One of the main questions I have received since the COVID-19 pandemic started is “am I more susceptible to complications from COVID-19 if I have an autoimmune disease.” Initially I had a hard time answering this question because we didn’t have answers. New viruses are tricky. And initially there was not a lot of evidence to what types of populations were more at risk. At most we had some broad speculations of what might happen and to whom.
We are now 5 months into the pandemic in the US, and there is a little more data on the subject. In short, it’s kind of what was predicted. Those with autoimmune diseases are not at a higher risk of contracting COVID-19. Nor are they at a higher risk of complications. Those with autoimmune diseases ARE at higher risk of autoimmune flares if they contract COVID-19. This was something I suspected would happen given viral triggers for autoimmunity. As time as gone by, it’s definitely something I’ve noticed clinically with my patients.
Here we will break down what we know so far.
COVID-19 Risk of Contraction and Risk of Complications
As of now, we have no evidence to suggest that those with autoimmune diseases are more at risk of contracting COVID-19. Nor is there any evidence there is greater risk for COVID-19 complications. We do know that from recent studies that those who are immunodeficient are more at risk. But immunodeficiency is different than autoimmunity. Immunodeficient means that the immune system can’t work as hard as it needs to. Autoimmunity on the other hand means the immune system is working too hard when it shouldn’t.
We do know that there are several risk factors that increase risk of complications from COVID-19. Some of these can coincide with autoimmune diseases. These include:
- People 65 years and older
- People living in nursing homes or long-term care facilities
- Chronic lung disease or moderate to severe asthma
- Serious heart conditions
- People who are immunocompromised
- Severe obesity
- Metabolic disorders like diabetes
- Chronic kidney disease undergoing dialysis
- Liver disease
While these things can increase a persons risk of having complications from COVID-19, it is usually not the autoimmune process that contributes.
Risks of Being on Immunosupressive Medications
There have also been concerns about those who are on immunosuppressive medications. Many people with autoimmune diseases are on medications that suppress the immune system. While having an autoimmune disease may not risk your chance of complications, being on one of these medication might.
As of now, we don’t have good evidence that suggests that these medications cause greater risk for COVID-19 specifically. But we do know from history that certain medications do increase risk of viral infections.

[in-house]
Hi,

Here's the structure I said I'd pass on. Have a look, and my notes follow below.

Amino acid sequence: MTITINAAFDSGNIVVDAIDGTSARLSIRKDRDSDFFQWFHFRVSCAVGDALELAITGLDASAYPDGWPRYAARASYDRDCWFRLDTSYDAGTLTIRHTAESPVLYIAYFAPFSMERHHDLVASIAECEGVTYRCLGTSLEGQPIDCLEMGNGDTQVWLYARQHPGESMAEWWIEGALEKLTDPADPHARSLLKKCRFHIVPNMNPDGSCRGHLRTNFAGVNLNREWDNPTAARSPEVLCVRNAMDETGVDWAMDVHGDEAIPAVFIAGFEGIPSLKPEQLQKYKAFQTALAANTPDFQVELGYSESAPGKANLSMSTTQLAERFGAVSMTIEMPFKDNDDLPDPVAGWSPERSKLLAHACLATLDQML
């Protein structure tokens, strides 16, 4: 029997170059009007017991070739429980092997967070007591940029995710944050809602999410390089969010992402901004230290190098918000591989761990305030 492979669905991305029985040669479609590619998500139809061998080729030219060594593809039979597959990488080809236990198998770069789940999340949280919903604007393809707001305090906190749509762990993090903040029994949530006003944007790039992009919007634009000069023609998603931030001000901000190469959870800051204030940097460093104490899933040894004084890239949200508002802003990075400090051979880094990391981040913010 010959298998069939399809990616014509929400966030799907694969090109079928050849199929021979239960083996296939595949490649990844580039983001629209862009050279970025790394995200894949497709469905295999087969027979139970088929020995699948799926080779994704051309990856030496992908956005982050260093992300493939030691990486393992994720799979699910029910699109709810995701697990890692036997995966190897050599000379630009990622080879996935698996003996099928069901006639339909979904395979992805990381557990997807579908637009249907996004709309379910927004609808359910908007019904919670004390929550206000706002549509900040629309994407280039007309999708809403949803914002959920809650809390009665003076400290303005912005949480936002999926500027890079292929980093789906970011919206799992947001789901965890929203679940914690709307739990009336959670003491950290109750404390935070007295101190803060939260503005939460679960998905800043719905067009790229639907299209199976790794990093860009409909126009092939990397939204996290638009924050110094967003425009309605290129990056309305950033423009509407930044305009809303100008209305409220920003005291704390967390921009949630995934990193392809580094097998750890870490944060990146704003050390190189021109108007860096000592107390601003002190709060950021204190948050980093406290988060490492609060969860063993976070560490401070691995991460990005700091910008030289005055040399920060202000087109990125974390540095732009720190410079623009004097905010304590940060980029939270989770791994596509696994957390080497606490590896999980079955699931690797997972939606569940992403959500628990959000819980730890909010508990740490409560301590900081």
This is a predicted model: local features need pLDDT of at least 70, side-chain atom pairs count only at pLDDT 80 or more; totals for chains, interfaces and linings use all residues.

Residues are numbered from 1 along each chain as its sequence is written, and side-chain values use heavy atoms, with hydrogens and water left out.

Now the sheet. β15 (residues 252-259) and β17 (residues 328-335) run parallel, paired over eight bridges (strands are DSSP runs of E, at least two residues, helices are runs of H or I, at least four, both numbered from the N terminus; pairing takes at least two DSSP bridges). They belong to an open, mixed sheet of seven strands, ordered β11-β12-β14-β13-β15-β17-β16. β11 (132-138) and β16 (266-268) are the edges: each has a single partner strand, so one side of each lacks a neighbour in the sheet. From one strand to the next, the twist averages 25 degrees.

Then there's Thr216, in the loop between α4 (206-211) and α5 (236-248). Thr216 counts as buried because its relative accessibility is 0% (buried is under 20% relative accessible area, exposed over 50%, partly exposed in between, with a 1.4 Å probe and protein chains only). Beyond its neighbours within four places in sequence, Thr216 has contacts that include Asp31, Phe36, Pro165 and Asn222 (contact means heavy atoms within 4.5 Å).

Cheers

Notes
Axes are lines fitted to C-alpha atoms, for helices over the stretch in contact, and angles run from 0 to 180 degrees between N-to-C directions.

The oral steroids (including Prednisone, Methylprednisolone, Budesonide…etc) are strongest immunosuppressants. Being on oral steroids can increase the likelihood of contracting any infection. Those who are taking more than 20mg of prednisone a day are at higher risk than others. Topical steroids like Clobetasol, or steroid inhalers like Flonase, usually do not systemic immune suppression. So the risk of viral infection with those types of steroids is much lower than taking an oral pill.
Other immunosuppressants like methotrexate, azathioprine, enbrel and humira can also increase risk. These medications are likely reduce your bodies ability to fight viruses and can make viruses last longer or cause more severe symptoms. These medications though are generally less likely to increase risk than high dose oral steroids.
Some immunosuppressants like hydroxychloroquine (Plaquenil) are being studied as treatments for COVID-19. As of now, there is no definitive evidence to suggest that Plaquenil is helpful for treating COVID-19.
Autoimmune Flares with COVID-19
There is some anticdotal evidence to suggest that those with autoimmune diseases are more likely to see a flare in their autoimmune condition if they have contracted COVID-19. Most of the patients in our office who have contracted COVID-19 have seen flares in their autoimmune conditions. We have not seen a significant portion of this population have any respiratory complications from COVID-19 so far.
Options for Prevention
If you have an autoimmune disease that is well managed without medication, then it’s likely that you risk of having complications from COVID-19 is low. There is a greater risk though that you may have a flare of your autoimmune diseases.
If you are on an immunosuppressive medication like prednisone or methotrexate, you may be at greater risk for contracting COVID-19. If this is the case, it is best to adhere by strict social distancing guidelines and hygienic practices like handwashing and wearing a mask.
The best prevention though for all populations is to maintain healthy practices. This includes making sure you are drinking enough water, getting enough sleep, reducing stress where possible, and exercising. If you want additional anti-viral support, there are several good herbs and supplements that you can add to your prevention protocol.
If you have an autoimmune disease, or you have concerns about being on an immunosuppressant during the pandemic, you can schedule an appointment to speak with one of our physicians.